5. The flameout of Jeremy Tyler. Whatever trendsetting Jennings may have accomplished was surely undone by the 17-year-old San Diego baller who forewent his senior year of high school to go pro in Israel. Criticized by coaches and teammates, slammed in the New York Times and sent packing early, Tyler’s season was an unequivocal failure; will Tyler become the fastest “Whatever Happened To” story ever?

4. Mikhail Prokhorov takes over in New Jersey. Has any owner coming into the job ever gotten so much hype? Without making a single acquisition and doing little else than looking disappointed at the NBA Draft Lottery, American fans are in love with this guy. Of course, BiE supposes you should always be nice to a dude who leaves AK47s lying around. (And we’re not talking Andrei Kirilenko here.)

3. The Lithuanian League finals. An epic in insanity made for some fun basketball in the LKL. Perhaps solely due to the ennui caused by another Žalgiris Kaunas-Lietuvos Rytas championship series, Žalgiris owner Vladimir “I Am The Miracle” Romanov first joked about firing his head coach after game three, then went through with it. And then the assistant coach walked off the job. And then Romanov proclaimed guard Marcus Brown should serve as player-coach. Which Brown did, with surely more than a bit of trepidation. No matter: Through a combination of textbook defense and thrilling improvisational offense, headless Žalgiris managed to stretch things out to seven games before succumbing to their rivals.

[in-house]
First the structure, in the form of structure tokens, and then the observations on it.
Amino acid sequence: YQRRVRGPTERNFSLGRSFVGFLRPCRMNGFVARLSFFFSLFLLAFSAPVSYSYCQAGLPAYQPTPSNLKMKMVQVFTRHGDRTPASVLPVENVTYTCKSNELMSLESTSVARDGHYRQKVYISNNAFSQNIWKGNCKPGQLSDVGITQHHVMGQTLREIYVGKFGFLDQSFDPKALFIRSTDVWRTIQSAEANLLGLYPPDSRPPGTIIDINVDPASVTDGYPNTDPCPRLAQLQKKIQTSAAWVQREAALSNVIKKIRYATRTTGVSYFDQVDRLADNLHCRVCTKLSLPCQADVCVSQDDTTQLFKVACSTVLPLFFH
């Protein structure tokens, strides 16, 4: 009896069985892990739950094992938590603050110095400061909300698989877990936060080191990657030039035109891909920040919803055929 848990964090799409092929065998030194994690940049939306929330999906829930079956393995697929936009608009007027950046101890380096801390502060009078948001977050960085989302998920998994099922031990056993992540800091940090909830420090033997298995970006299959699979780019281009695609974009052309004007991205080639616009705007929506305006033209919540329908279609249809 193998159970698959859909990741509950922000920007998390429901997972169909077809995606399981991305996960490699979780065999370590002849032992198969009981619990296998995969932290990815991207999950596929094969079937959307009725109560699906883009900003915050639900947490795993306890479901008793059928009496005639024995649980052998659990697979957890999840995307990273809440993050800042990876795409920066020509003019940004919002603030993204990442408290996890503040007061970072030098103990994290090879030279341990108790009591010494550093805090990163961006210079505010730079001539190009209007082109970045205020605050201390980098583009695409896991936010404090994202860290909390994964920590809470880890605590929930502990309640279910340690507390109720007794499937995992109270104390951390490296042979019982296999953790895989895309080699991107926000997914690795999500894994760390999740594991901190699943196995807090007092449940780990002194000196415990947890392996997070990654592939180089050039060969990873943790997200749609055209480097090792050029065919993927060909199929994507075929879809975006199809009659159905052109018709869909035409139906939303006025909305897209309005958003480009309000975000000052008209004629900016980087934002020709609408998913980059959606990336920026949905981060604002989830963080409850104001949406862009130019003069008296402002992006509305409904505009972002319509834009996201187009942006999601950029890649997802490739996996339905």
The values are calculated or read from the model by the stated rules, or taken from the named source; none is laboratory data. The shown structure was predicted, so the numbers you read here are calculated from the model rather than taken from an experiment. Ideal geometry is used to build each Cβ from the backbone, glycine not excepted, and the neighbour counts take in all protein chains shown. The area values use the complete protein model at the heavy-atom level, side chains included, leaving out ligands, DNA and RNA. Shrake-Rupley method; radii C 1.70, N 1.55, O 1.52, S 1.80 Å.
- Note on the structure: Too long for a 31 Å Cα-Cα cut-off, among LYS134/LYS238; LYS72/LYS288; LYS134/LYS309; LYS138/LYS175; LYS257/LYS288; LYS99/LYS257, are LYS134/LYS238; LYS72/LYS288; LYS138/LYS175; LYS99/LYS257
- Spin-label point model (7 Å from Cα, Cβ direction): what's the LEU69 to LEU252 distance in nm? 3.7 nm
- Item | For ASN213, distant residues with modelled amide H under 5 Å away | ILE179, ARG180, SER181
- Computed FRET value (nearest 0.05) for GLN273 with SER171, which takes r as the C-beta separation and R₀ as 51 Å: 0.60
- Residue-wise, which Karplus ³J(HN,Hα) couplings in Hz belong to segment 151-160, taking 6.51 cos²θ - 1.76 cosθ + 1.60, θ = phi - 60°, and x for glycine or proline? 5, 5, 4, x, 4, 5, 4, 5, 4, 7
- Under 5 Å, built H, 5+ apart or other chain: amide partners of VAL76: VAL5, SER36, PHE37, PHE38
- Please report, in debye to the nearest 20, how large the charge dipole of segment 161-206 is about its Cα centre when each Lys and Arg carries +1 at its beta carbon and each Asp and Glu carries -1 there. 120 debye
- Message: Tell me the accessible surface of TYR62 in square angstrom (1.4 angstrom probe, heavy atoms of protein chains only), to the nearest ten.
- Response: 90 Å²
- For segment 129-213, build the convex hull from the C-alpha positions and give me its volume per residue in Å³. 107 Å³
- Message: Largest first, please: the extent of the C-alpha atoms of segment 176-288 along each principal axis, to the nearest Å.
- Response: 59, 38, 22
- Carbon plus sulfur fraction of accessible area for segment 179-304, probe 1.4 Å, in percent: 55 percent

2. Caja Laboral Baskonia upsets FC Barcelona – handily – in the ACB championship. While certain websites (ahem) wondered aloud about the position of 2009-10 Barça among the all-time elite European squads, Tiago Splitter and his Baskonia ‘mates apparently stayed off the internet altogether so as to not realize they didn’t have a chance in the Spanish League finals. Through a combination of a 10-day break for the Euroleague champs, a sudden inexplicable inability to guard the high pick-and-roll, and mostly too much Splitter, Baskonia finished their blazing-hot second half of the season by denying Barcelona a quadruple crown season. “The ACB: ¡Donde el increíble sucede!”

1. Partizan Belgrade 75, Cibona Zagreb 74. What can happen in 0.6 seconds? You can lose the Adriatic League championship by celebrating prematurely. The lesson here, kiddies: You play until that final buzzer sounds.

Other notable stories from 2009-10: The Zydrunas Ilgauskas drama in Cleveland; top European players from Pau Gasol and Tony Parker on down drop out of 2010 FIBA World Championship; Ersan Ilyasova 2.0 and his rebooted NBA career; the … *interesting* selection of Milos Teodosic as Euroleague MVP; the Phoenix Suns Unleash The Dragon in the playoffs, plus subsequent amusing on-court tussles with Sasha Vujacic; Hemofarm Stada forfeits Serbia Superleague championship to Partizan after ejection of 18 players in game two; Olympiacos’ ever-so-brief pre-season flirtation with Allen Iverson; FC Barcelona cruises through Euroleague season, playoffs.